“To feel much for others and little for ourselves; to restrain our selfishness and exercise our benevolent affections, constitute the perfection of human nature.”
“The simplest acts of kindness are by far more powerful than a thousand heads bowing in prayer.”
Being truly benevolent asks nothing in return. Giving is not a loss – it’s a growth. You can be benevolent and “give” yourself wholeheartedly to another or to a cause without feeling as though you are losing yourself. In being benevolent, you receive too. The reward far outweighs any time, money or thoughtfulness that you afford to others.
Benevolence is a silent act of goodness. It’s done without thought, yet with great consideration. True benevolence isn’t reliant on pity or sympathy, yet at its core is empathetic living. We need benevolence in our lives. We need it as recipients and as providers.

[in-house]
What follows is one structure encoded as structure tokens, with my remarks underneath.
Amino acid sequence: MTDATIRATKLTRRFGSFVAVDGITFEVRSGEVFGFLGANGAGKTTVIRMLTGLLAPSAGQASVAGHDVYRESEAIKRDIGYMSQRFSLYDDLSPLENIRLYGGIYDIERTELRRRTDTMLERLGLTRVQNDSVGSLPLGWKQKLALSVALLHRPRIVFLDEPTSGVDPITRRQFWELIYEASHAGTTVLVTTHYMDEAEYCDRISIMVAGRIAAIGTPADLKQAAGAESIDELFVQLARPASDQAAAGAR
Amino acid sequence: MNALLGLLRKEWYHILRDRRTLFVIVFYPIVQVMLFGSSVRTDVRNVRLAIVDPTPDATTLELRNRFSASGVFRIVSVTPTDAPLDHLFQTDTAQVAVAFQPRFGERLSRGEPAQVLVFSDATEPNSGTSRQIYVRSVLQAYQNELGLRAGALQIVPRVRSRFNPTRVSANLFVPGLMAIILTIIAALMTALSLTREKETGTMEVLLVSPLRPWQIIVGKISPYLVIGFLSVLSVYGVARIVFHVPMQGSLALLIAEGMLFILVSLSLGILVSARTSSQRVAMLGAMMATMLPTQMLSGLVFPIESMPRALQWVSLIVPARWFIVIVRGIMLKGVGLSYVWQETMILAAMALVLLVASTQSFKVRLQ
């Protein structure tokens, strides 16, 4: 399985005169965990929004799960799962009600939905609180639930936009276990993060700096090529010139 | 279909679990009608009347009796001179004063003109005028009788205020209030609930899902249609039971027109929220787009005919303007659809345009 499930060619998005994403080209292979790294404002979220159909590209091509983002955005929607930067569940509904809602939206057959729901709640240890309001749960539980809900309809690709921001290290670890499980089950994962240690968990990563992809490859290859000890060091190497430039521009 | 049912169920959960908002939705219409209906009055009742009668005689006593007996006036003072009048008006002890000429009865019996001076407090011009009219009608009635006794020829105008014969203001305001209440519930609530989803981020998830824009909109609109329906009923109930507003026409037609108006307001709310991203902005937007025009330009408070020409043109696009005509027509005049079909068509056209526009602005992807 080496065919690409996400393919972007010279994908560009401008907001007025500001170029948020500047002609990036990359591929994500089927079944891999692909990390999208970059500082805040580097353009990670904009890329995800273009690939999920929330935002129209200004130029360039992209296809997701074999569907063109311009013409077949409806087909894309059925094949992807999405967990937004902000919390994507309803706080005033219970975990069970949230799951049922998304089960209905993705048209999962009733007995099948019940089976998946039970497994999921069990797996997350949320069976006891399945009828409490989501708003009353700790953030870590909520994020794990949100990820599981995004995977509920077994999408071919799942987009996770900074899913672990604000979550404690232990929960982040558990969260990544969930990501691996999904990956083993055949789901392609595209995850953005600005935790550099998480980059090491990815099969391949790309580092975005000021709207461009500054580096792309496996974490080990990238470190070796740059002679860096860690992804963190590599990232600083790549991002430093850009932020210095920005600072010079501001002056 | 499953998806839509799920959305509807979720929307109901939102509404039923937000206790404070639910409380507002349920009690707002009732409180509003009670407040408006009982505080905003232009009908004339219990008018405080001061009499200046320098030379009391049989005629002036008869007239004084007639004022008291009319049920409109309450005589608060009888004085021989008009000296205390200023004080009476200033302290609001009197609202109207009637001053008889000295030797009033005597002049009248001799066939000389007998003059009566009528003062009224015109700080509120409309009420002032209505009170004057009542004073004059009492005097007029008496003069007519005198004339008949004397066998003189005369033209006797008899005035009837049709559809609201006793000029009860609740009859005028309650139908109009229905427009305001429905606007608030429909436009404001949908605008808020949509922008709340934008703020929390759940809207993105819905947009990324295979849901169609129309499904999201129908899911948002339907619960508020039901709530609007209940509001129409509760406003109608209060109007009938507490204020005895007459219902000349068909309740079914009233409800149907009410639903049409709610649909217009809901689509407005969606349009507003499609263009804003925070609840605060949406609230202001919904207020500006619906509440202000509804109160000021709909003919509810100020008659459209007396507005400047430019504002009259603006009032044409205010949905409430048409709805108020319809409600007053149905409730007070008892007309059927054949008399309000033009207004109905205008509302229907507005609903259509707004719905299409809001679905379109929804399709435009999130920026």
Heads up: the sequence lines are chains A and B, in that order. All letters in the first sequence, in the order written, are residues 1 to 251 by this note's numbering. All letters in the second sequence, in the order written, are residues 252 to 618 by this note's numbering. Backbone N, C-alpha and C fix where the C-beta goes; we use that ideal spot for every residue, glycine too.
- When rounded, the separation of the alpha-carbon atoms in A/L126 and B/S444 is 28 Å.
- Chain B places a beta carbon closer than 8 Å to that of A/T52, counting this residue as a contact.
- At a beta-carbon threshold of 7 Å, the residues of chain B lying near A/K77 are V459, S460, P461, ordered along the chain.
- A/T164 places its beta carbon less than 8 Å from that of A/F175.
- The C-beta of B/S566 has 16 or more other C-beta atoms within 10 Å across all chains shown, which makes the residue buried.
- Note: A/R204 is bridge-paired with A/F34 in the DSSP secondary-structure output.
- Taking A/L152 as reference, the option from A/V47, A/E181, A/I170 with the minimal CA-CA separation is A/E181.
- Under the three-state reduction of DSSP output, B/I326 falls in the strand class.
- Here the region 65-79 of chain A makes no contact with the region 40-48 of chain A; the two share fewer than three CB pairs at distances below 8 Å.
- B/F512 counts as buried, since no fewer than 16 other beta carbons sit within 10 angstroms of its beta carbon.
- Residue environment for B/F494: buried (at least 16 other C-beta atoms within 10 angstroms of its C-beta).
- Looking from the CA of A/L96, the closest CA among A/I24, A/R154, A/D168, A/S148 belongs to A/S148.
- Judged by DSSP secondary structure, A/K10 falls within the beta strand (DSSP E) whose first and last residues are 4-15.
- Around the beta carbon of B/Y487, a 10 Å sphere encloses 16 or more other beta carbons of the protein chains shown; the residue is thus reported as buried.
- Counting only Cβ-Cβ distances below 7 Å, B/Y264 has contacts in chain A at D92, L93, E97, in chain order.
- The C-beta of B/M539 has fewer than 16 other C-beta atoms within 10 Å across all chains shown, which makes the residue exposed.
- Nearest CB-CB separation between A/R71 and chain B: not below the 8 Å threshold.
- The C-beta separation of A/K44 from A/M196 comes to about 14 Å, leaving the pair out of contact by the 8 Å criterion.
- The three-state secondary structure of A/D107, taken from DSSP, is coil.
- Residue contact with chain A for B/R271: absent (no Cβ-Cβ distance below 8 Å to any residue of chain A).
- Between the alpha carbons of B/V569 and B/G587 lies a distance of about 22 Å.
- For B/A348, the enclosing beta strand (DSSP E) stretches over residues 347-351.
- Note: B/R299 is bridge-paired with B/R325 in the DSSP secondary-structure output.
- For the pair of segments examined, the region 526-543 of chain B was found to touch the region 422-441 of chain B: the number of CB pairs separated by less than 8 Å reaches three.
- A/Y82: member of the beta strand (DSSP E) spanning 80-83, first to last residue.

John Bunyan said, “You have not lived today until you have done something for someone who can never repay you.”
Sometimes, it just takes a word to be benevolent. Sometimes, the person that you are giving to may not even realise what they have received until long after the giving has taken place.
In this time of Advent, perhaps we all ought to think about what we can do for someone who can never repay us. Maybe we ought to think about how benevolent we can be towards those who we care for most, and those that care most for us – as well as those unknown to us.
“General benevolence, not general friendship, made a man what he ought to be.”